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The Last Word on the Wage Curve?


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  • Peter Nijkamp
  • Jacques Poot


Since 1990, there has been extensive international research on the responsiveness of wages of individuals to changing local labour market conditions. For many countries, an inverse relationship between wages and local unemployment rates has been found. In their book, The Wage Curve, Blanchflower and Oswald argued that the unemployment elasticity of pay is around - 0.1 in most countries. In a 1995 literature survey, Card referred to this striking empirical regularity as being close to an 'empirical law of economics'. Nonetheless, reported elasticities do vary, even excluding outliers, between about - 0.5 and + 0.1. There is also considerable heterogeneity among wage curve studies in terms of data and model specification. This paper carries out meta-analytic techniques on a sample of 208 elasticities derived from the literature to uncover the reasons for the differences in empirical results across studies. Several causes of variation are identified. There is also clear evidence of downward publication bias. In addition, many reported t-statistics are biased upwards due to the use of aggregate unemployment rates. A maximum likelihood method and a trimming procedure are used to correct for these biases. Both methods give similar results for our sample. An unbiased estimate of the wage curve elasticity at the means of study characteristics is about - 0.07. Copyright Blackwell Publishers Ltd, 2005.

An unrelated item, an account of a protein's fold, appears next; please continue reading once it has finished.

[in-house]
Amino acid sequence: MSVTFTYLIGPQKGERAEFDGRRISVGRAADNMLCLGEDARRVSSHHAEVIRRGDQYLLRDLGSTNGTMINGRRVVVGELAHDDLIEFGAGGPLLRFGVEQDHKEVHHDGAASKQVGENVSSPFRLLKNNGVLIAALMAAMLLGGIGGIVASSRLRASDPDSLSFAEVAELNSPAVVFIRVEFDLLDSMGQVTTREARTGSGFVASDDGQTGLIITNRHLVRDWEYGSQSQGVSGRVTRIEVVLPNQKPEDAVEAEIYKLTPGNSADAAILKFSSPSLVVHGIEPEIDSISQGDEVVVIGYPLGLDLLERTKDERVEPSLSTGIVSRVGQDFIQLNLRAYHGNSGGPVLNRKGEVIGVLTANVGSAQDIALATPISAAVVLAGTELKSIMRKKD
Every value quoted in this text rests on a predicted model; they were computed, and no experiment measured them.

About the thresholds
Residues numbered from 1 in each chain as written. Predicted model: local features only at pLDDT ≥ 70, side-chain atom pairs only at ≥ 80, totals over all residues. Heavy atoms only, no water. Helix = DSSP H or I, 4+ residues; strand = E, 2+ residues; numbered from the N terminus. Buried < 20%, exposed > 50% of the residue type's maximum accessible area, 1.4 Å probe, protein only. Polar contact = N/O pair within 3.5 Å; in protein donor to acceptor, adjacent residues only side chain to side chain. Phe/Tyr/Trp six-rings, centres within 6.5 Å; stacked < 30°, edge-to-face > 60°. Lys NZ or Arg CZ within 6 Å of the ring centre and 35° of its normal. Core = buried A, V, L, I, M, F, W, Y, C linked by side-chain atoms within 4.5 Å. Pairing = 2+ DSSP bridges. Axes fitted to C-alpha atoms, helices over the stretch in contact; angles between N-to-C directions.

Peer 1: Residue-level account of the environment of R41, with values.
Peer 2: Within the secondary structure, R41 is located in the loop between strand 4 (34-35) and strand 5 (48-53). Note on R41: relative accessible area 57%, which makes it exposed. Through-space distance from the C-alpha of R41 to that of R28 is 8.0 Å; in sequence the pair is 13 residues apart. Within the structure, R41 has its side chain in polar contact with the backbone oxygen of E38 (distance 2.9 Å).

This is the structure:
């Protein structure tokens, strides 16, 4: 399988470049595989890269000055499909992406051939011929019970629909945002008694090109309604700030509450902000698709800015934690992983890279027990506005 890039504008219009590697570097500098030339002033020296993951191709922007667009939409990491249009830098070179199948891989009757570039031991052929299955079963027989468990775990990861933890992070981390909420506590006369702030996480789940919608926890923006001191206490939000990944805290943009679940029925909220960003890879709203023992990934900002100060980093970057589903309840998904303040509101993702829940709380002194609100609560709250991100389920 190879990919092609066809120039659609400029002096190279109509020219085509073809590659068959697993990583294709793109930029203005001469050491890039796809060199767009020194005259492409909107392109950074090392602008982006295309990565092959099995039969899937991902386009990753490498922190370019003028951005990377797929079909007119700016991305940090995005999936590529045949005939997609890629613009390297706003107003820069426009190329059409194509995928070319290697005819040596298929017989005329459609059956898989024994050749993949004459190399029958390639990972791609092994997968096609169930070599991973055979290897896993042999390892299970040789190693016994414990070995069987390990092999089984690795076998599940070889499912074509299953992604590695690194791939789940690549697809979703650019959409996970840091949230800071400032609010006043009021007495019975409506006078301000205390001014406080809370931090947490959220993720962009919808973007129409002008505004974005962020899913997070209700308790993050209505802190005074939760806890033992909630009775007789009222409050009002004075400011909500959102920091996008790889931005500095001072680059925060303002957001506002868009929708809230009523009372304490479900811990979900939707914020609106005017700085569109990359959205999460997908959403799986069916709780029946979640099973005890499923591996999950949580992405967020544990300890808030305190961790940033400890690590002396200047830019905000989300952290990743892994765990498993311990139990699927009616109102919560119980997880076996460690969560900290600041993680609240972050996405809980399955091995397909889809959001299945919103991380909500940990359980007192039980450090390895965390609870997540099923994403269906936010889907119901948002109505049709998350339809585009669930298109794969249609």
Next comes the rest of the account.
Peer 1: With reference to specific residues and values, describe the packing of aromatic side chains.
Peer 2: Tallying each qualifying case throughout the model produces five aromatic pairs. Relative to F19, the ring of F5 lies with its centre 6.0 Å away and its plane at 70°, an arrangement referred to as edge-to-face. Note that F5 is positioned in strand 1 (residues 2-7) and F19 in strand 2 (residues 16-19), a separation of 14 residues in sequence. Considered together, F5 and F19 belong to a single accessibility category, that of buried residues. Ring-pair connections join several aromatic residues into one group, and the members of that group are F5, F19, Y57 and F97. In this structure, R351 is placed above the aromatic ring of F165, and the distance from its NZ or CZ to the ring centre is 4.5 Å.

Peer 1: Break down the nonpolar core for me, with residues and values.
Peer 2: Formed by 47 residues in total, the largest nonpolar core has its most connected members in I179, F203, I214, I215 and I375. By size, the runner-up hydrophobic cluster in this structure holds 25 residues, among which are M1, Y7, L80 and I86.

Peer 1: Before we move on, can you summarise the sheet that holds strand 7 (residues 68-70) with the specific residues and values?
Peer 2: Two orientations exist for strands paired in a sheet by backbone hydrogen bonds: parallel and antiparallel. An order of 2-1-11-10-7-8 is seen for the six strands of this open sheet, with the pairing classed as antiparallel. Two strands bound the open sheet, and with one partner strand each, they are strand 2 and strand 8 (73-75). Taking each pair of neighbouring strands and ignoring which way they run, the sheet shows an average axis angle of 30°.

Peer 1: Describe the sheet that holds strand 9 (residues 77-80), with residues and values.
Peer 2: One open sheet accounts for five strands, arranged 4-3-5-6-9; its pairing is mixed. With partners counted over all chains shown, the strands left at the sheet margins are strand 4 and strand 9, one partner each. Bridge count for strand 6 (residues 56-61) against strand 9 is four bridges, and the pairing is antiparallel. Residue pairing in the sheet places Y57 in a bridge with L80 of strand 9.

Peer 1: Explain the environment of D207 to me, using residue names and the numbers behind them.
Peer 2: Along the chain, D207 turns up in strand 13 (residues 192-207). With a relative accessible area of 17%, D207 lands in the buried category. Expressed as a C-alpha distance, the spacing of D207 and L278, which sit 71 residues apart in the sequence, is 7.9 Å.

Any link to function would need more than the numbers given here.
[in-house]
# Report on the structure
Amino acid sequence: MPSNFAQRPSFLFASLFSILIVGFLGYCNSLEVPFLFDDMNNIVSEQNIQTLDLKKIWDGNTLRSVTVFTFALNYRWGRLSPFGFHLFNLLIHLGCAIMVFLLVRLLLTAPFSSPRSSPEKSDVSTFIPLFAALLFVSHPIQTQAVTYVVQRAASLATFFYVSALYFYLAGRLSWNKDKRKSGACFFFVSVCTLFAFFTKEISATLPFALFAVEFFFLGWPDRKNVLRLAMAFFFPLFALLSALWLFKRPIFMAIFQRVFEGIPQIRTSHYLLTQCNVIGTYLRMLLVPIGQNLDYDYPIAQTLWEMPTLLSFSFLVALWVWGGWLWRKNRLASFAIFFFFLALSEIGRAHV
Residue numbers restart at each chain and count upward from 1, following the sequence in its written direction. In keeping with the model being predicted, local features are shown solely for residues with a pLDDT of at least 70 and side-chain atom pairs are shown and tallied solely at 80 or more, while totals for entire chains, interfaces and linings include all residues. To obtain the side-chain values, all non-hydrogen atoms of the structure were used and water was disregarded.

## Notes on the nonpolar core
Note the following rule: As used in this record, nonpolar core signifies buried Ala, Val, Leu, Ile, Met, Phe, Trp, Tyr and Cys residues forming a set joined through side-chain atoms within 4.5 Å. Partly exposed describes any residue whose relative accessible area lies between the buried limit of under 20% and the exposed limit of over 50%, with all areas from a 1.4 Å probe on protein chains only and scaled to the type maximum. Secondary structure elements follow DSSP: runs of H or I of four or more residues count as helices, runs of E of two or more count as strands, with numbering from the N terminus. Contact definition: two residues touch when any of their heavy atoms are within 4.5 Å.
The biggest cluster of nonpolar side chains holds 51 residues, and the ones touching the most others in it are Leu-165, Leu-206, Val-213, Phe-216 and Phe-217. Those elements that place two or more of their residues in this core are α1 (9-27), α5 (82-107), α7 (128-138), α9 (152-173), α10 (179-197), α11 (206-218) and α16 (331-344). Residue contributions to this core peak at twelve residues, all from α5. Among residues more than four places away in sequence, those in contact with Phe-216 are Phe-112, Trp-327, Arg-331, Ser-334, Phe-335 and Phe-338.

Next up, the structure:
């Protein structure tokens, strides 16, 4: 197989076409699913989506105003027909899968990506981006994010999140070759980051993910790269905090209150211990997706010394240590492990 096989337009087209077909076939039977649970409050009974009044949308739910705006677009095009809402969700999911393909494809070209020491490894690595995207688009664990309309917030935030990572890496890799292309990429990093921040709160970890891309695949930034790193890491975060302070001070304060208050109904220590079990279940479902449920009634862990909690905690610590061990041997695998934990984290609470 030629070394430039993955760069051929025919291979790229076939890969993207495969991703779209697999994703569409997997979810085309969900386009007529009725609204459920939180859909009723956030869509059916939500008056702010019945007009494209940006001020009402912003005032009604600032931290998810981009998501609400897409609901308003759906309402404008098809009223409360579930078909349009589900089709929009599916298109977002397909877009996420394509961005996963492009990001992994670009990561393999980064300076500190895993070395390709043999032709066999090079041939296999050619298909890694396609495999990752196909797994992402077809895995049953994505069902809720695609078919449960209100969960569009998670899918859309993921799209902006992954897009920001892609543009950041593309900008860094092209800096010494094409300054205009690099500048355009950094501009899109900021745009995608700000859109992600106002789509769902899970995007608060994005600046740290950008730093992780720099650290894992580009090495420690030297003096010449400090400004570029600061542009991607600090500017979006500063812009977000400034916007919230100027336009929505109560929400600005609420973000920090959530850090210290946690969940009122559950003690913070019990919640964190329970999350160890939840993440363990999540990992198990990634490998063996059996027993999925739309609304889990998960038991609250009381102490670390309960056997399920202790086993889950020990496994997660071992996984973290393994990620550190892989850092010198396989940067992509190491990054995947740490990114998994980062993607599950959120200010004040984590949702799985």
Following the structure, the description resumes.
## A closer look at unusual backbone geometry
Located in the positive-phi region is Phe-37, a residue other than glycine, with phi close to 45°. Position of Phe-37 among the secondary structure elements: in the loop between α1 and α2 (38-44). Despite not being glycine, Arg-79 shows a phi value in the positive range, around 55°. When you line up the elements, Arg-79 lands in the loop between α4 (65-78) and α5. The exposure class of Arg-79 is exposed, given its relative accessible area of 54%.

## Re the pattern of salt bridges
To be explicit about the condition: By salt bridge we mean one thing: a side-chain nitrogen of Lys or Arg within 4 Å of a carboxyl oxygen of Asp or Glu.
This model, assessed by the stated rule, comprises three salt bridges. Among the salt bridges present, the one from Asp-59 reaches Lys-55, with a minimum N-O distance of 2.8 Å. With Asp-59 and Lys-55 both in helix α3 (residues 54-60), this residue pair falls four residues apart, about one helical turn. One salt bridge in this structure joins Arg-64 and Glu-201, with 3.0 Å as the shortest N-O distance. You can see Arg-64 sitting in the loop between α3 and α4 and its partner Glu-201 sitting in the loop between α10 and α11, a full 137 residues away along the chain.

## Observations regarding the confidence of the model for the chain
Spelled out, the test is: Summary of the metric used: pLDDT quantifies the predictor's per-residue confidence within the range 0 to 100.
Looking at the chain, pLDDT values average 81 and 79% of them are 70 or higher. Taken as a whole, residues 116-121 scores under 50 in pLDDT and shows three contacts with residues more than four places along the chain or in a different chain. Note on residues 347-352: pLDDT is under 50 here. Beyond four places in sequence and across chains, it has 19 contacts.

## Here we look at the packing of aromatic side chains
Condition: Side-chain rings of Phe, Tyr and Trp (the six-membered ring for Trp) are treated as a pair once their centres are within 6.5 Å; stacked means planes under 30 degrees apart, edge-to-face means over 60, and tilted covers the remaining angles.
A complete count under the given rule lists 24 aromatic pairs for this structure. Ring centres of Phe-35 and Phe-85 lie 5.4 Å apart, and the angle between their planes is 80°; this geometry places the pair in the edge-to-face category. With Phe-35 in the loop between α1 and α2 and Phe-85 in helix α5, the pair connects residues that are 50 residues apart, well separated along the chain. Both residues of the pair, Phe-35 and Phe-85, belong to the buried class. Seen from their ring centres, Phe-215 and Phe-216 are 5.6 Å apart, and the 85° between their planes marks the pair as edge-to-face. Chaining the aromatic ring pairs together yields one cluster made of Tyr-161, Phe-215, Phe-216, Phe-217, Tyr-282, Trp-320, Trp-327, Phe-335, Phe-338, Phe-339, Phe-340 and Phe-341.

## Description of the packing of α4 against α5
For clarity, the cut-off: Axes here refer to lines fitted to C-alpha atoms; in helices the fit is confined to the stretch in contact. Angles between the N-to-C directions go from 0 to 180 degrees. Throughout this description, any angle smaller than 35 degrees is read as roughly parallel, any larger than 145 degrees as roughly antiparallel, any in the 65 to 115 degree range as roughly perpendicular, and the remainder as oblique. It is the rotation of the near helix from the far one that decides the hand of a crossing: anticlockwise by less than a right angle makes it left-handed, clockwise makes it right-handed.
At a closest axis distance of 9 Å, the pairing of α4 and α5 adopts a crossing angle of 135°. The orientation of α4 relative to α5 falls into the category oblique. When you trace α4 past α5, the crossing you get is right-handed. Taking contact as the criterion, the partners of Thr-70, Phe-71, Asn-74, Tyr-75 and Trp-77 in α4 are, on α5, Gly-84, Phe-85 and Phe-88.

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Article provided by Wiley Blackwell in its journal Journal of Economic Surveys.

Volume (Year): 19 (2005)
Issue (Month): 3 (07)
Pages: 421-450

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Handle: RePEc:bla:jecsur:v:19:y:2005:i:3:p:421-450

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